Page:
Melchior was a small middle-aged King of Arabia who brought a gift of gold to the Christ Child. Gold is only useful to the living and thus a symbol of Jesus’s humanity.
Casper was a tall young King of Ethiopia who brings a gift of myrrh. He is depicted with dark skin in some European countries. Myrrh is dried tree sap from the Commiphora myrrha tree. Myrrh was used as an antiseptic, an anointing oil and an embalming oil. (nowadays, it used in most all-natural toothpaste. Don’t worry it has antixodent properties.) Additionally Myrrh has traditionally symbolized death due to its use in embalming. Thus this gift foreshadows the suffering and death of Jesus for humanity’s sinfulness.
I wanted to pay homage to the European narrative while not contradicting the logical modern legacy of the Magi. And so the images were simple and recognizable. I fashioned the crowns to look like a turban, an African crown and a European crown. The three landscapes are desert, grassland and snow.
The trees that produce frankincense and myrrh were from the Arabian peninsula and north Africa. So it did not seem to make sense that Balthazar, the European King would bring either of these things. Thus I switched around the gifts to make more geographical sense. The Arabian king brings myrrh. The African king brings frankincense. And the European king brings gold. I hope that historical purists are not too insulted.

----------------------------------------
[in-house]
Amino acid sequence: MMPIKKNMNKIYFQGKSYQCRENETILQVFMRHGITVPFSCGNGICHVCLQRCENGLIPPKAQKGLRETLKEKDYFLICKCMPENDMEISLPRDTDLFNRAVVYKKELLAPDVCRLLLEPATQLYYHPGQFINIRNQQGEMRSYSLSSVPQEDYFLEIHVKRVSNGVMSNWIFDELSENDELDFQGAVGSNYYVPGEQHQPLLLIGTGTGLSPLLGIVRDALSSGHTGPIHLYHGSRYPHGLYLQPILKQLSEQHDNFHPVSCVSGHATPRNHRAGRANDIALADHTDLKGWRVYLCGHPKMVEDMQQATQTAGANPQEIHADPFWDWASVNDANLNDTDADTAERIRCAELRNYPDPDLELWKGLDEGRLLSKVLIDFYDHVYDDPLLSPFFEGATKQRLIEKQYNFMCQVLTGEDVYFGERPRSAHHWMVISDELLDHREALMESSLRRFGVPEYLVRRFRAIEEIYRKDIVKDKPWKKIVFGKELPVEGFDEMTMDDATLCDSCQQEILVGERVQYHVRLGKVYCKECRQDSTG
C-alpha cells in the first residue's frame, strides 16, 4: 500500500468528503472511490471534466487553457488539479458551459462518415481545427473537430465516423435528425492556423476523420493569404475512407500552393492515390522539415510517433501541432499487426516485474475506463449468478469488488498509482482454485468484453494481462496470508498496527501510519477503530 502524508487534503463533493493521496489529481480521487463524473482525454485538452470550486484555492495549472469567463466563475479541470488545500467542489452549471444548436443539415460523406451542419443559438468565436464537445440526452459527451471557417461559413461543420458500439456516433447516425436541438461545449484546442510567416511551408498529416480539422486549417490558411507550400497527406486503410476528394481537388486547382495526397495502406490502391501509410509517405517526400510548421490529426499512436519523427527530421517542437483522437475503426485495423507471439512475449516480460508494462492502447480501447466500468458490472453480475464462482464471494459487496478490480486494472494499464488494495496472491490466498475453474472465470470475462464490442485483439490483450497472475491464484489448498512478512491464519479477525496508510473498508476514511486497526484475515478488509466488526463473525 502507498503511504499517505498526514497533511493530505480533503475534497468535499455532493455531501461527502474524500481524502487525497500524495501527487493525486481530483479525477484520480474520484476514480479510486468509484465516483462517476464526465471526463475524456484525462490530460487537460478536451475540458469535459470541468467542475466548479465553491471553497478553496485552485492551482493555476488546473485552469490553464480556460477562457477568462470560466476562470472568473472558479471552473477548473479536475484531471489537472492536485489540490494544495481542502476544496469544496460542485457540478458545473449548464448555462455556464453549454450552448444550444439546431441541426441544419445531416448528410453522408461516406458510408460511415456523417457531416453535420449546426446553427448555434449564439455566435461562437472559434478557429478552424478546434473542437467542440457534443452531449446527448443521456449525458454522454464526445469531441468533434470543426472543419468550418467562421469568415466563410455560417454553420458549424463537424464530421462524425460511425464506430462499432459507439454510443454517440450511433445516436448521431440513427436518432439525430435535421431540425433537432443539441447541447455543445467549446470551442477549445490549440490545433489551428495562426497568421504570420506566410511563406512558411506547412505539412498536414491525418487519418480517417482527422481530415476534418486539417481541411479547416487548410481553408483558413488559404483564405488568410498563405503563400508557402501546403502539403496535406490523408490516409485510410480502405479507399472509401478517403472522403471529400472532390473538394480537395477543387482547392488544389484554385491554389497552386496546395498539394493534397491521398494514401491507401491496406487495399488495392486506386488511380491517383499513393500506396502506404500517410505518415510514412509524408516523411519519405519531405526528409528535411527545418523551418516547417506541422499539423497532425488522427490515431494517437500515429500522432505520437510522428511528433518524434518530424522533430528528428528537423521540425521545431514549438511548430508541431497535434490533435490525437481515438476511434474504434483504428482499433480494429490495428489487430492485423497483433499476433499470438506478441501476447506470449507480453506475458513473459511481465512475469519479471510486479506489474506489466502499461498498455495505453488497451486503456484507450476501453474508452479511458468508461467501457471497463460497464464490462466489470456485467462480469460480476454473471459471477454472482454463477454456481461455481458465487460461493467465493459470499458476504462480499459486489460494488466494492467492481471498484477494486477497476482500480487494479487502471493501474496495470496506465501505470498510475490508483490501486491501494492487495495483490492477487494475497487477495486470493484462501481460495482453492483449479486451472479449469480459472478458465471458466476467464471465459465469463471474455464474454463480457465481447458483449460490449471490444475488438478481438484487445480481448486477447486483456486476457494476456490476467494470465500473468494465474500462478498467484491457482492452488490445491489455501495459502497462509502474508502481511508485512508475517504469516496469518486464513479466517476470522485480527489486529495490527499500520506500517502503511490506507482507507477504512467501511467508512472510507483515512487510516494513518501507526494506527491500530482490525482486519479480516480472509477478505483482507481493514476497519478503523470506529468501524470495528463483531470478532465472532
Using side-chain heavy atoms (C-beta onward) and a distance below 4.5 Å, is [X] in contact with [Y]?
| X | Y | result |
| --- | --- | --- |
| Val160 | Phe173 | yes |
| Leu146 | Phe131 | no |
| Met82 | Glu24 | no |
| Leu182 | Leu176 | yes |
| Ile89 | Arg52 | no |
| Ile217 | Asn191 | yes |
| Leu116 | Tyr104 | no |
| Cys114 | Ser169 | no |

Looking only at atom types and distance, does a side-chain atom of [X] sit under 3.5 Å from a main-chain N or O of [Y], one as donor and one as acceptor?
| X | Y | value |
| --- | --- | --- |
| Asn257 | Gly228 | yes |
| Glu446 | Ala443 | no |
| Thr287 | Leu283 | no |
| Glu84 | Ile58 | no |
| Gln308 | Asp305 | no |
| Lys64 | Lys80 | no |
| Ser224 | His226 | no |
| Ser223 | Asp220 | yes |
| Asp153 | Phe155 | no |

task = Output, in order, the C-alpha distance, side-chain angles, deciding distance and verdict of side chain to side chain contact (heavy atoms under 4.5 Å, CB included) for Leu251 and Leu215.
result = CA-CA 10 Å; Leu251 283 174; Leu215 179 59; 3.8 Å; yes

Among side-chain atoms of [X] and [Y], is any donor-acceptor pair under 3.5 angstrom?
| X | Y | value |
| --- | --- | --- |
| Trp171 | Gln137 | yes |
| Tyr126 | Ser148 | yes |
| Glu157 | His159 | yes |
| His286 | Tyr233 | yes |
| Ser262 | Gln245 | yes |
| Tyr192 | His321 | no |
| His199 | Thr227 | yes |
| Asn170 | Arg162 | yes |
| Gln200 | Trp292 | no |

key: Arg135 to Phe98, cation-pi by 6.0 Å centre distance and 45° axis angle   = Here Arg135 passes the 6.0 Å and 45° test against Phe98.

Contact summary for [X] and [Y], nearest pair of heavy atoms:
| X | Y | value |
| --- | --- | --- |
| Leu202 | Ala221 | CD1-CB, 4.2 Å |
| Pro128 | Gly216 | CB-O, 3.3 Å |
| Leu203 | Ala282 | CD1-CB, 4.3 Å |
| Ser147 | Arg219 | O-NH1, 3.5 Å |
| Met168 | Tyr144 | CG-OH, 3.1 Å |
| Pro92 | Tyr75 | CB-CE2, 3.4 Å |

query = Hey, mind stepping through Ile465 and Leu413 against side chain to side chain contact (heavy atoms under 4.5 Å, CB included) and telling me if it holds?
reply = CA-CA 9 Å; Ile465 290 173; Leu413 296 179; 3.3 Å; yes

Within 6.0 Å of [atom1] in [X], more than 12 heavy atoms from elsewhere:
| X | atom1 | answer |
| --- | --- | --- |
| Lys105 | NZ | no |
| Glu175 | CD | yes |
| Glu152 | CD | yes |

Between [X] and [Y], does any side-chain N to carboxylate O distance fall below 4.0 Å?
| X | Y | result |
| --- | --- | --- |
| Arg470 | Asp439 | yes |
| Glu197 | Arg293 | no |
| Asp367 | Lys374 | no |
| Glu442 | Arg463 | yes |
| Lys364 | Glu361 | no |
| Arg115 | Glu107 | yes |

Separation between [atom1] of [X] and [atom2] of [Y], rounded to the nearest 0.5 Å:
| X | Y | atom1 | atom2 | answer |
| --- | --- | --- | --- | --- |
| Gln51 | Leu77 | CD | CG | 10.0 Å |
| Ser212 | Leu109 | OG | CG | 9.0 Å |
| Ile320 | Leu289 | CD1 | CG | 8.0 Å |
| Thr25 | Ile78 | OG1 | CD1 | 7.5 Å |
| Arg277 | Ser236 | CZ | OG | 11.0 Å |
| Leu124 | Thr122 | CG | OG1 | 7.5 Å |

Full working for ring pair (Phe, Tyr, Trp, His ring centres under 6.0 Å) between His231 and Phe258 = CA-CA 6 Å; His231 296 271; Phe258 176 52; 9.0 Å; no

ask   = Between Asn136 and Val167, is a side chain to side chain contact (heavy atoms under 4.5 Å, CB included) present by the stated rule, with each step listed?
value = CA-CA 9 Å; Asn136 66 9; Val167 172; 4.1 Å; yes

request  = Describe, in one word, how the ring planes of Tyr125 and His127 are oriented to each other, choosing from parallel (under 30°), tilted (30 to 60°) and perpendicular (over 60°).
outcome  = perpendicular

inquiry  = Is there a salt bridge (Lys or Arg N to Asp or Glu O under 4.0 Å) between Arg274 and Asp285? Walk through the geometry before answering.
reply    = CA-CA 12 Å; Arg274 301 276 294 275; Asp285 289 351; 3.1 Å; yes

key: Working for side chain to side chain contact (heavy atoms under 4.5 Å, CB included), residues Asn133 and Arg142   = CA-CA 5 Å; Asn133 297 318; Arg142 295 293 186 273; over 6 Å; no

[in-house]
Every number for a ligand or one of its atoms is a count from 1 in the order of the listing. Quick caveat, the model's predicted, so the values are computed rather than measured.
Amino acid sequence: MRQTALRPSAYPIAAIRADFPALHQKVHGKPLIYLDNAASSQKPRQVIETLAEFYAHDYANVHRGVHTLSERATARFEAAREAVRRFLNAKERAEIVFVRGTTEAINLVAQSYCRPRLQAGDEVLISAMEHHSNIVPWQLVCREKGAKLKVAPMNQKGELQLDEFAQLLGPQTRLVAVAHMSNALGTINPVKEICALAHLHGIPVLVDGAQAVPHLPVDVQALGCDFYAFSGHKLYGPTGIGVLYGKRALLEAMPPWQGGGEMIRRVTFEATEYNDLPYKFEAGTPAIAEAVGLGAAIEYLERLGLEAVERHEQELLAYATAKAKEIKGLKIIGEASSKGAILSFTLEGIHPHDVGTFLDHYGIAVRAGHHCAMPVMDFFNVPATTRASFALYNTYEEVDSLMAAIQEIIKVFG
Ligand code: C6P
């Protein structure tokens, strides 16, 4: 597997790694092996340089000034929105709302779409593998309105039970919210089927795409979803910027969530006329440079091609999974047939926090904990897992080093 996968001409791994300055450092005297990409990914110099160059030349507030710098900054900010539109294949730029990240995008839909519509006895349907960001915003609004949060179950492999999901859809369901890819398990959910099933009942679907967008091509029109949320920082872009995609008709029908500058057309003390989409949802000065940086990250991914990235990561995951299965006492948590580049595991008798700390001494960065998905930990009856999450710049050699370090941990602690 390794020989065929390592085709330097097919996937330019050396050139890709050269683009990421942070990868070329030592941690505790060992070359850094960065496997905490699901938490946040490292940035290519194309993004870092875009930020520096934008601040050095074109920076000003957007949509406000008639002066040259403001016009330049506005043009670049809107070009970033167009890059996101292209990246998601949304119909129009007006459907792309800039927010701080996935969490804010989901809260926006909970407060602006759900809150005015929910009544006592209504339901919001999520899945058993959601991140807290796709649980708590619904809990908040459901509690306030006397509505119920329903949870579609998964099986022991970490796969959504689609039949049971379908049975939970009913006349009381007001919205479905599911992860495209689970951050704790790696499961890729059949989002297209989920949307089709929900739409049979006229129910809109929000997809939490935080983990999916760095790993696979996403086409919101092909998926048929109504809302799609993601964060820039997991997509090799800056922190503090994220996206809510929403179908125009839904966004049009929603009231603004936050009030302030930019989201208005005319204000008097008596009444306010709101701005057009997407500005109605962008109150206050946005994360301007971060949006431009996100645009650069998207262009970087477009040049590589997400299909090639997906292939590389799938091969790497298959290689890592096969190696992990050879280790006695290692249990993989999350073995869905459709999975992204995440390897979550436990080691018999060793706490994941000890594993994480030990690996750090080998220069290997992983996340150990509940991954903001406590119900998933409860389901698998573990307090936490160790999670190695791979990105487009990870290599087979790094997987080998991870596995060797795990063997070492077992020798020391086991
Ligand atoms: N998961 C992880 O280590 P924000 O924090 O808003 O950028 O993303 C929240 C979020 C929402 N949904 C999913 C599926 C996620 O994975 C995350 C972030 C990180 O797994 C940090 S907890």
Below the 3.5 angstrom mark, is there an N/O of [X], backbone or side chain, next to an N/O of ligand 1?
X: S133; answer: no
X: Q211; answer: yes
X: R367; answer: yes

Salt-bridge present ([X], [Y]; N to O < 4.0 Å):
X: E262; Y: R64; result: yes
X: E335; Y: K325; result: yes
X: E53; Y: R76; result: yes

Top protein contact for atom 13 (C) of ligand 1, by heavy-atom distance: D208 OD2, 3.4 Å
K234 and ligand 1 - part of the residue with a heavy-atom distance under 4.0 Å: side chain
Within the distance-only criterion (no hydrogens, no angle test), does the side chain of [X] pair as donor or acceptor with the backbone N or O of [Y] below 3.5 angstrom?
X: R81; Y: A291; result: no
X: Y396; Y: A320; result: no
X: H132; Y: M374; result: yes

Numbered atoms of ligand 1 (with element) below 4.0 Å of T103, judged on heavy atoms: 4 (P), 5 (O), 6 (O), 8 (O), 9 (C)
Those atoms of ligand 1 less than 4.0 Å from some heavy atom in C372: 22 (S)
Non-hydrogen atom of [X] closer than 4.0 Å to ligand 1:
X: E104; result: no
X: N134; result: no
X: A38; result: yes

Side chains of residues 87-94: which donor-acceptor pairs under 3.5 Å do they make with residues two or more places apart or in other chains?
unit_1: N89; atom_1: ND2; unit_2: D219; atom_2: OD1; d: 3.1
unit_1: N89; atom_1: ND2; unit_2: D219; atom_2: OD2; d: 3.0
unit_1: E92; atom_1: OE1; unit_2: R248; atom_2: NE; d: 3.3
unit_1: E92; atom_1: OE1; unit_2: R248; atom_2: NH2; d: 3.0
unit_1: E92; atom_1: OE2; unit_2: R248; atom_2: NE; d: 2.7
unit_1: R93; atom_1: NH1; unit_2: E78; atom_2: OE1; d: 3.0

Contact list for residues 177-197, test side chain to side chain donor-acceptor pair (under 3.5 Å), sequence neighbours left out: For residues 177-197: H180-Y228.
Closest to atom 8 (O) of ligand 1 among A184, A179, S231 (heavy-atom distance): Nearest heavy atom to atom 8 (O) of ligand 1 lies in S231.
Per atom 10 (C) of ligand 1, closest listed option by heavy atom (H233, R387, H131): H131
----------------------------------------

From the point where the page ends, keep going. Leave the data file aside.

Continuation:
There is one banner for each of the three kings. Each banner incorporates a crown, a gift and a landscape. The styling of these elements is influenced by the European tradition. The main method of construction is the use of Applique.
What is Applique? Applique (or appliqué in French) is the method of one material applied to another surface material. The technique is common in home sewing and the textile industry. The method of attachment can refer to anything from painstaking hand-sewing beads to a wedding gown, down to ironing on a 50 cent denim patch over a hole in your jeans. The method that I am going to use is somewhere in the middle.
Making and applying your own Applique
- Printable Freezer Paper. This material can be bought in any supermarket and is used to wrap food. I prefer the craft specific version which is an ink-jet printable 8-1/2″ x 11″ sheet.
- Lite Steam-A-Seam 2, Double Stick Fusible Web. (I highly recommend this brand for its durability and the paper placement on both side of the fusible web.) (Very Important! If you are using a web with paper on one side you must place parchment paper under and over the applique material to protect your iron and work surface from the web glue.)
- Sharp sewing scissors
- Cheaper scissors for cutting the fusible web paper
- Iron which is not used for steaming or is totally dry.
- Parchment paper
- Ironing board or pressing surface.
- Pressing starch with sizing.